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The City adopted the Climate Change Adaptation Plan and the Greenhouse Gas Emissions (GHG) Reduction Plan in the Spring of 2021. The Climate Action Plan, a synthesis of these two plans, presents the principal sources of GHG and the local vulnerabilities, and identifies specific projects to reduce GHG and limit climate risk. The actions undertaken will serve to make our community more resilient to climate and environmental change.  

Consult the Climate Change Adaptation Plan (French only)

Consult the Greenhouse Gas Emissions Reduction Plan (French only)

GHG reduction in Beaconsfield

Principal sources of GHG in Beaconsfield:

  • Municipality: Natural gas heating of buildings and fuel consumption of municipal fleet 

  • Community: Transportation and fossil fuel heating of homes 

Actions targeted by the City to reduce GHG emission by over 30%:

  • To convert buildings’ heating source to electricity 

  • To install innovative hybrid system for trucks as part of pilot project 

What you can do (contact the City for more information):  

  • Implement house retrofits especially for heating oil and natural gas 

  • Ask for your guide on Beaconsfield houses and heating types 

Climate change adaptation in Beaconsfield

Principal climate vulnerabilities in Beaconsfield: 

  • The overloading of the sanitary sewer system 
  • The loss of canopy for the mature urban forest

Actions targeted by the City: 

  • To rehabilitate the ditch system to manage stormwater 
  • To enhance the strategic tree planting program with various species adapted to the local environment

What you can do (contact the City for more information): 

Community participation

Tree planting programs

Free Tree Planting on Public Property 

Trees contribute to the improvement of the microclimate and air quality, to the reduction of dust, carbon dioxide and urban pollution. The tree planting program favours the planting of trees in parks, public grounds and roadsides. 

As part of its annual tree planting program, Beaconsfield offers to its residents the opportunity to request and obtain a tree free of charge, planted fronting their property, on the portion of land belonging to the City. As quantities are limited, we suggest registering your requests for plantation as soon as possible, by calling the Environment Inspector at Public Works at 514 428-4500 or by email at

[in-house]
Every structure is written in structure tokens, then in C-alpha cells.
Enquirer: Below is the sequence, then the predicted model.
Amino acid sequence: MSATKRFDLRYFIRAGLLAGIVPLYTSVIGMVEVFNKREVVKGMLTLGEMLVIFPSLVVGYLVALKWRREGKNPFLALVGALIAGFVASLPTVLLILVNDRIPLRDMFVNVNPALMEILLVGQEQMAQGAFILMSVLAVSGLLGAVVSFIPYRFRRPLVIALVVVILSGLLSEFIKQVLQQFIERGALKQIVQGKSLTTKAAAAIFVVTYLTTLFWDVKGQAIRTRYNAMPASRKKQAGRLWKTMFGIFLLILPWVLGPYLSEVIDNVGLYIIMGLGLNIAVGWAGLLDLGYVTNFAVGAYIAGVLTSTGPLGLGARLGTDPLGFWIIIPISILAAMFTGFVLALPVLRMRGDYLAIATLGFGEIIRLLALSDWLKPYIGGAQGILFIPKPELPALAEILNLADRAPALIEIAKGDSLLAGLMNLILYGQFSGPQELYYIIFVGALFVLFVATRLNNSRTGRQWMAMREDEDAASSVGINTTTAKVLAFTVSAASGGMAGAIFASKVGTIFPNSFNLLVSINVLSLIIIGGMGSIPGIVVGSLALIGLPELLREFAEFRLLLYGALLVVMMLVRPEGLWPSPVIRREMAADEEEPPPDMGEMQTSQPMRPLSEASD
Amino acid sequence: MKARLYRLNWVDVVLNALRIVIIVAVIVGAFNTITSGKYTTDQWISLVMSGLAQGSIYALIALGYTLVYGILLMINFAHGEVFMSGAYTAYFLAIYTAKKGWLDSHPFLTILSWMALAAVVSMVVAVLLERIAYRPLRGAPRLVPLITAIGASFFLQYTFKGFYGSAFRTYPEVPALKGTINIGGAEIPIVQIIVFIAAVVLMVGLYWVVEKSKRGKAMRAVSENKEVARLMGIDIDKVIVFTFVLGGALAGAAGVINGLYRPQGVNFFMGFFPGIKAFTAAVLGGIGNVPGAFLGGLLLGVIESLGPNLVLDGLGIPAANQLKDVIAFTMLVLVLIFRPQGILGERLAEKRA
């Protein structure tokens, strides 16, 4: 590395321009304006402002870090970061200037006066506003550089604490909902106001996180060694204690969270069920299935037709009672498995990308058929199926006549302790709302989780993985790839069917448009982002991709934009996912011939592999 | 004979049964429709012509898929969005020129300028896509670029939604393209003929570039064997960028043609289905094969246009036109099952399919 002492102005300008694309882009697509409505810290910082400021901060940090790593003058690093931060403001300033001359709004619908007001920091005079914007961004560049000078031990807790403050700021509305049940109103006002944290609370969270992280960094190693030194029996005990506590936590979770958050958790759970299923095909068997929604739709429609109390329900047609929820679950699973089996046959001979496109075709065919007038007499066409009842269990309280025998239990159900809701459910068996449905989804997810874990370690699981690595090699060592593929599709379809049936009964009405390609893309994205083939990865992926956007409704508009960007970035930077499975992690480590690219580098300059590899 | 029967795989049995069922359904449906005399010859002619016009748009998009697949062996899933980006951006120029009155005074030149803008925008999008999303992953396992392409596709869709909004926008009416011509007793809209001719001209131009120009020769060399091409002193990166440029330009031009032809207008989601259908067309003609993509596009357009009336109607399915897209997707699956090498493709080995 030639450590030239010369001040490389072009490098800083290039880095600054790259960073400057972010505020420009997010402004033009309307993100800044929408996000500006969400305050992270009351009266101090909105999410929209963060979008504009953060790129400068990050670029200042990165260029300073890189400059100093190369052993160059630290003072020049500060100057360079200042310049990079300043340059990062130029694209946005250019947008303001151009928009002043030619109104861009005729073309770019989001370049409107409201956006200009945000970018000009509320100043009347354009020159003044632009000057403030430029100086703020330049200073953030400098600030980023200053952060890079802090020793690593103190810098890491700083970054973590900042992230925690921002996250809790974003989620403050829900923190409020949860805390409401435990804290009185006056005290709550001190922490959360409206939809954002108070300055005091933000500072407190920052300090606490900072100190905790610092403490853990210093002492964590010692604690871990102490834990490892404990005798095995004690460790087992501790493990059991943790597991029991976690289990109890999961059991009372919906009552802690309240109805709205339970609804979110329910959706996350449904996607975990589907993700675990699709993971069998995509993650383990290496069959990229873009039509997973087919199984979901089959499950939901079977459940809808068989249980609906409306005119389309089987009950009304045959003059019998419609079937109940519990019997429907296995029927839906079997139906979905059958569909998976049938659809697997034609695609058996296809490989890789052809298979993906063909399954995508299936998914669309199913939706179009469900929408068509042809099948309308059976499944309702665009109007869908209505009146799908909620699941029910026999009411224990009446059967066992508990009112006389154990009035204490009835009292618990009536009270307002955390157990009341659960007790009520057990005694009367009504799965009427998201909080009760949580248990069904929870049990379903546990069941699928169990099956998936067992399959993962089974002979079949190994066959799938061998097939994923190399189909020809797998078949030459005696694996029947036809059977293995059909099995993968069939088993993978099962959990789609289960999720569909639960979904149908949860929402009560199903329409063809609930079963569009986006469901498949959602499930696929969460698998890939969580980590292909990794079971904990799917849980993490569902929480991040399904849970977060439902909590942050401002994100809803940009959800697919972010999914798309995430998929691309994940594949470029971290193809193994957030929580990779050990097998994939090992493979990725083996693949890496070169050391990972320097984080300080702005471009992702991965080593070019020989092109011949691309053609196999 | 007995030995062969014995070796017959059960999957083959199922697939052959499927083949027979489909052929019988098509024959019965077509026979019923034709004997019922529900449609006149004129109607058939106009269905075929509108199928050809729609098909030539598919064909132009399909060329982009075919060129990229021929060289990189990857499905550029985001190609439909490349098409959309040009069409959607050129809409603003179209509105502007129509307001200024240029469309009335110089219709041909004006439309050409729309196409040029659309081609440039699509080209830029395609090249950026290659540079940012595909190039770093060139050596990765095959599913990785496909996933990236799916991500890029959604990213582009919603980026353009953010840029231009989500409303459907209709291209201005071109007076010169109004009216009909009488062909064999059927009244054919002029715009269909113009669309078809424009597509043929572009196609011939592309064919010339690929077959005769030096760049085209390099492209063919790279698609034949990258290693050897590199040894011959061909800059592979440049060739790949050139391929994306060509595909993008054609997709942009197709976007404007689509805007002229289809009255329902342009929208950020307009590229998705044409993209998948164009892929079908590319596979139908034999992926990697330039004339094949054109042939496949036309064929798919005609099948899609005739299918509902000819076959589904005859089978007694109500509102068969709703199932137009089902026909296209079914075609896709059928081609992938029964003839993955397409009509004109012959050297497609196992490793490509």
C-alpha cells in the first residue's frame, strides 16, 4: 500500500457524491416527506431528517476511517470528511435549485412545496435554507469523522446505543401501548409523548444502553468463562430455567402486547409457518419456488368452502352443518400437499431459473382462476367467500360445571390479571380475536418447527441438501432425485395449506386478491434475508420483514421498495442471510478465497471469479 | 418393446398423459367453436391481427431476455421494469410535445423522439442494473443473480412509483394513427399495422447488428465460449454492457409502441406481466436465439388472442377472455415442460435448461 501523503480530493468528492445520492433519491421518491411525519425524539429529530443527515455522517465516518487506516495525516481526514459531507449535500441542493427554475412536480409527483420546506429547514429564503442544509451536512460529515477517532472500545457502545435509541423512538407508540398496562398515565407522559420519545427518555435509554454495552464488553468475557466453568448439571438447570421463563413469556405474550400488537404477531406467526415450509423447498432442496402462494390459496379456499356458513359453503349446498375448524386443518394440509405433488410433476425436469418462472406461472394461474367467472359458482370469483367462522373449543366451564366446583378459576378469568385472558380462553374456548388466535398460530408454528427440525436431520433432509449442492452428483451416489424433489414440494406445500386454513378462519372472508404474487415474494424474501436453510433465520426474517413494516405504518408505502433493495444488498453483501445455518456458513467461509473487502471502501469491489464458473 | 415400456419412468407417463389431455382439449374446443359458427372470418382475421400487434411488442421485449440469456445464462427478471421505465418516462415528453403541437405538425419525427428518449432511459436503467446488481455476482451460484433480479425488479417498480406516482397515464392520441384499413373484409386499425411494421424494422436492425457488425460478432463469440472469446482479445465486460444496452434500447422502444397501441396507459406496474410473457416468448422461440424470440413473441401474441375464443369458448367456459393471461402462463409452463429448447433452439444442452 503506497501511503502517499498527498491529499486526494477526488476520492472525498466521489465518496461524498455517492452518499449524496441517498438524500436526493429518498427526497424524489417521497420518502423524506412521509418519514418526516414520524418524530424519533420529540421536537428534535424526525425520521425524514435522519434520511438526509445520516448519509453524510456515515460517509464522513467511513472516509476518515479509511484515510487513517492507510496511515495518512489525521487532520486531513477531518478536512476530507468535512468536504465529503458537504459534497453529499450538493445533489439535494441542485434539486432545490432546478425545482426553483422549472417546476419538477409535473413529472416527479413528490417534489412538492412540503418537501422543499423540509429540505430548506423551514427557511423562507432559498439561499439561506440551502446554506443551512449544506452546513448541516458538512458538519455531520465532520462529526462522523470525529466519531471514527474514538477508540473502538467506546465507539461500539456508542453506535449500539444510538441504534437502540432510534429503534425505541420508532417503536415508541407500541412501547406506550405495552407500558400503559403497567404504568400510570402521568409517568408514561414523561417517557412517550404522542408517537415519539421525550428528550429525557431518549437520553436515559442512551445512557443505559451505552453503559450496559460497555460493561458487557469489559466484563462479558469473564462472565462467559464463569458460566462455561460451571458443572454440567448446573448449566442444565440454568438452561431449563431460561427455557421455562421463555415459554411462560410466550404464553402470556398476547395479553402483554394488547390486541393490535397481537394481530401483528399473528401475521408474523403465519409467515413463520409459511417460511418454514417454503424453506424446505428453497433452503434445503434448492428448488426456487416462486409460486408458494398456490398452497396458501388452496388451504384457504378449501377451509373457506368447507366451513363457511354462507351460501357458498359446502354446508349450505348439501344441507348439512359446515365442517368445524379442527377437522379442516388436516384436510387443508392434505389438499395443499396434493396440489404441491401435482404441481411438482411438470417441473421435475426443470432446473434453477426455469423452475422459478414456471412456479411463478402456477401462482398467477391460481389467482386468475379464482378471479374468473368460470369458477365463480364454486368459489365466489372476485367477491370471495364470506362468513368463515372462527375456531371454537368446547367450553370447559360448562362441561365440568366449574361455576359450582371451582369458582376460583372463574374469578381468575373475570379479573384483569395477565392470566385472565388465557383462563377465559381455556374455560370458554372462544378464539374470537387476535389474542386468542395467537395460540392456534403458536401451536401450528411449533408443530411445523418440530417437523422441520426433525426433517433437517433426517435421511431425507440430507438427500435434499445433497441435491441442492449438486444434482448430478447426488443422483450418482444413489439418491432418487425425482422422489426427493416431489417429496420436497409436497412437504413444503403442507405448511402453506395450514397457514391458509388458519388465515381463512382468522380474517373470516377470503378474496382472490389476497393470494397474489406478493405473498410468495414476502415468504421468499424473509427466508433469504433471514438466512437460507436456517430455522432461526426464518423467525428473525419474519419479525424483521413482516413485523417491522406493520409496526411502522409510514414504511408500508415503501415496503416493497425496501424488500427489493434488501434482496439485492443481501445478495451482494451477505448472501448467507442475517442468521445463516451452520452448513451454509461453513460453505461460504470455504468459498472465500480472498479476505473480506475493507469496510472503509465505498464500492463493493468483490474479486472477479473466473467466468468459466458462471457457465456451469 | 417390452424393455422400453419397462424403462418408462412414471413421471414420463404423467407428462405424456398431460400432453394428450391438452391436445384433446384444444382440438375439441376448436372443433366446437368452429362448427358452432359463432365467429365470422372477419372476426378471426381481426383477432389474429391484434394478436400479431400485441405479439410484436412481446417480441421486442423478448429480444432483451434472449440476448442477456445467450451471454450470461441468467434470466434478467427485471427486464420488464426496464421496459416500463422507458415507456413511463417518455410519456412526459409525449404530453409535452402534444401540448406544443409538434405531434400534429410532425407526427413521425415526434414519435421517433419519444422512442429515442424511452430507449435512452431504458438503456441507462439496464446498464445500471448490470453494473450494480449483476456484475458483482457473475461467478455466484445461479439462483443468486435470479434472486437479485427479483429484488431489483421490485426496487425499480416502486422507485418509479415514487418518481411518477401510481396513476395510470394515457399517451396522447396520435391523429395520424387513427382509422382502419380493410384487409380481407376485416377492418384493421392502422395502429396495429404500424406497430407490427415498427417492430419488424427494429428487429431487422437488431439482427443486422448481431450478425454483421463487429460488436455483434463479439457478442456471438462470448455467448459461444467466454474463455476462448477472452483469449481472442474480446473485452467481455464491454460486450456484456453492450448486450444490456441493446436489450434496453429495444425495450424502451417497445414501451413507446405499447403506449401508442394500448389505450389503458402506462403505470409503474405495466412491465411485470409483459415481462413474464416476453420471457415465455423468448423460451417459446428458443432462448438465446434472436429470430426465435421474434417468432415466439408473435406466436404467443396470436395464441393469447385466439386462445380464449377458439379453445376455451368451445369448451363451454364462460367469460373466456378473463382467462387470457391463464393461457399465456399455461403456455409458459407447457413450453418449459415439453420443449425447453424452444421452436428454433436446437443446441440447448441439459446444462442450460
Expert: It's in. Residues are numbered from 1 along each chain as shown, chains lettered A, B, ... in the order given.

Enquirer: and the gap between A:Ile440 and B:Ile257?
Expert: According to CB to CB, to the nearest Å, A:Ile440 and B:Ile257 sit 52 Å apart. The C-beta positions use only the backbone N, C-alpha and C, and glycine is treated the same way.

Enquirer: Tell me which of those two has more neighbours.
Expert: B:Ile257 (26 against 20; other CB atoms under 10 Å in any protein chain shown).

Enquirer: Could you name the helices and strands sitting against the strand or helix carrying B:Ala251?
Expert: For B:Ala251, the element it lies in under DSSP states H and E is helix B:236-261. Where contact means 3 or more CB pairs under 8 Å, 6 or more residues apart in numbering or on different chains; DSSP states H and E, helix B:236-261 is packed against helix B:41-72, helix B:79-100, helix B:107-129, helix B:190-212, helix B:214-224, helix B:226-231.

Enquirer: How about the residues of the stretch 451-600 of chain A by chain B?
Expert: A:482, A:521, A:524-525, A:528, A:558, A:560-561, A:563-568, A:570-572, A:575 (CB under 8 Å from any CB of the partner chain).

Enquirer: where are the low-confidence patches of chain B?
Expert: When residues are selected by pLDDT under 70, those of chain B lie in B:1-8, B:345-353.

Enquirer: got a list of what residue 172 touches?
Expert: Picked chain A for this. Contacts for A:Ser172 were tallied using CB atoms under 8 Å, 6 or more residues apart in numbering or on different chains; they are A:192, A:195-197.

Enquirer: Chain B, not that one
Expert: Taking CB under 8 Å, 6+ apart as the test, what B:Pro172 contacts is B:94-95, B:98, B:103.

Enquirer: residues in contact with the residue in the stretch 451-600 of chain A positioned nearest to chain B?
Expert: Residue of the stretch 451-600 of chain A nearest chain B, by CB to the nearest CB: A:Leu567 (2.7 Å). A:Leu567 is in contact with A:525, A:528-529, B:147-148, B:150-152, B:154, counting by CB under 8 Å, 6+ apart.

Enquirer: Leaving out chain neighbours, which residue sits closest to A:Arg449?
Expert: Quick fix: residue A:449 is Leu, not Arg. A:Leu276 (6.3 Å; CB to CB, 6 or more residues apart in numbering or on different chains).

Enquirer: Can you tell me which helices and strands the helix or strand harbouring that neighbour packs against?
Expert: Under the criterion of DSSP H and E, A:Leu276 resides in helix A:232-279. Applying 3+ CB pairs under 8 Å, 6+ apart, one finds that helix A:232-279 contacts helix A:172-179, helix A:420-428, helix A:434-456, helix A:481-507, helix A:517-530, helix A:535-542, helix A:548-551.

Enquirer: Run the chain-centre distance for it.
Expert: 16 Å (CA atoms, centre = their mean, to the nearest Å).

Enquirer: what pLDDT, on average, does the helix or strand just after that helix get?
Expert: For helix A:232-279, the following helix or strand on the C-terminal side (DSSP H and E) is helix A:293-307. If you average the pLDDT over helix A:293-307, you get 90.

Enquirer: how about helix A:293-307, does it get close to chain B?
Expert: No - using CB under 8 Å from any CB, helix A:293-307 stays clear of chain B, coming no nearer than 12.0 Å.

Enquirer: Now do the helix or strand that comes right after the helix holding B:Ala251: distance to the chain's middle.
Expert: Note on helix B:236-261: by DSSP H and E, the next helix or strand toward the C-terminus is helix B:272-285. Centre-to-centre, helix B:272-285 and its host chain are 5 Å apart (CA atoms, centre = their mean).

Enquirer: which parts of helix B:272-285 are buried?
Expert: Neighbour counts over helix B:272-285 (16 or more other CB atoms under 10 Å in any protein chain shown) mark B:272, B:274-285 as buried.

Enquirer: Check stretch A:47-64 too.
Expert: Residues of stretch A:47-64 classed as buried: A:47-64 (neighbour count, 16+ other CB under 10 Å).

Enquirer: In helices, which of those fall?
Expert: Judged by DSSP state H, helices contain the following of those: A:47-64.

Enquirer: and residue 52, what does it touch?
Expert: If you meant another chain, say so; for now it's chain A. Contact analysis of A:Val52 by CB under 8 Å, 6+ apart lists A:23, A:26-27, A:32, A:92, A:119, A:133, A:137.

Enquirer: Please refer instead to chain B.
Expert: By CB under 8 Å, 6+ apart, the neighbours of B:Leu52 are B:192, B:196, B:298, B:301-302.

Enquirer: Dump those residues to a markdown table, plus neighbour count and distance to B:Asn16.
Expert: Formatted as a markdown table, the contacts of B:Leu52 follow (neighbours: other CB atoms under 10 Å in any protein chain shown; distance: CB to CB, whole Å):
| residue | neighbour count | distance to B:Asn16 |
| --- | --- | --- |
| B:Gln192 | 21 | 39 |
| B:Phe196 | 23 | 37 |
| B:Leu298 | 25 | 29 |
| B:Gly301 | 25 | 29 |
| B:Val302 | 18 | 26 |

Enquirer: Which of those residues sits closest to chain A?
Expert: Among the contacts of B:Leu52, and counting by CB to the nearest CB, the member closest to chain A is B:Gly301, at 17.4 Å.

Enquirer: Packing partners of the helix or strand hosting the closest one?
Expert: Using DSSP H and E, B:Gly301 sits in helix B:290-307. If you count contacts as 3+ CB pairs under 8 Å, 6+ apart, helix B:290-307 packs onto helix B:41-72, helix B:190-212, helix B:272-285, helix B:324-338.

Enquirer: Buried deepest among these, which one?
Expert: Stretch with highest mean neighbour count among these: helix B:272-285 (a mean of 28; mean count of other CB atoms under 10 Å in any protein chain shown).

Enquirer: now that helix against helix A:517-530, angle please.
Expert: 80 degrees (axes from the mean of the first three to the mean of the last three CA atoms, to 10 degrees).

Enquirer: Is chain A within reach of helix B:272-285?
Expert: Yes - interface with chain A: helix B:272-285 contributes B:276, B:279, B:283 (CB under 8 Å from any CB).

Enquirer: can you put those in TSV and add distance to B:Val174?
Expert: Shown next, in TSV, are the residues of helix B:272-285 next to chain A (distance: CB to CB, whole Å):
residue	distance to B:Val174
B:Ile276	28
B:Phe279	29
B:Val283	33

The City of Beaconsfield offers you the opportunity to choose a tree from a pre-established list. A consultation with the city's inspector will help determine the tree species best suited to your residential environment. Planting the right tree in the right place is essential to ensure its proper development.

Please note that these trees cannot be used as a replacement for a felled tree on private property.

You Want to Plant a Tree on City Property?

Why Do I Need Approval?

Approval is necessary to ensure that trees planted on City property are the right species in the right location and spaced appropriately apart for future maintenance.  

Approval is also required to ensure that the planting location is free of underground utilities and is not in an area designated for future municipal development, i.e. utility installation, road widening, etc.  

For approval, call for an appointment with the environment inspector.

All trees planted by the City on public property will be planted during the fall.

Recipe for Success

  • Trees survive best if planted in early spring or late fall. 

  • Planting instructions and spacing regulations will be provided. 

Remember: All trees planted on City property become the property of the City of Beaconsfield. 

Planting Tips

  • Do not plant your tree too close to a building, driveway or street or under overhead power lines. 

  • Do not plant near underground lines, such as water mains, sewers, power lines or gas lines. 

  • Dig a hole slightly larger and deeper than the root ball. This way you can add some planting soil when you fill in the hole. 

  • Add mulch around the trunk, but do not bury it. You can lay down some sheets of newspaper under the mulch to reduce the growth of weeds. 

  • Water it…but don't drown it! Water it once or twice a week for the first two years. Avoid over-watering. Letting the soil dry out a little between watering encourages root growth. Take special care during very hot days, but be sure to comply with the municipal watering by-law. 

  • Protect the trunk in the winter, at least for the first few years. Rodents love tree bark! 

Subsidy to Plant Trees on Private Property 

The City of Beaconsfield will once again take part in the Ensemble on verdit residential greening campaign. With the expertise of the non-profit organization GRAME, we are making the purchasing and planting process easier than ever by offering a competitively priced turnkey service which includes: 

  • A tree of your choice among the species available 

  • Delivery and planting with mulch and nutrients 

  • Tips for taking care of your tree 

  • A one-year warranty 

More details

Climate action week

Cultural and sports associations, schools, churches and businesses are invited to participate in Climate Action Week. Share your initiatives and actions on climate change by contacting us at climat‑

Archives: Climate Action Week

Connecting Beaconsfield

Building climate resilience through social connection

If there was a power outage, heat wave, shortage of water, or flood in your neighbourhood, do you know who might need help or who you could turn to if you needed help?

Find out more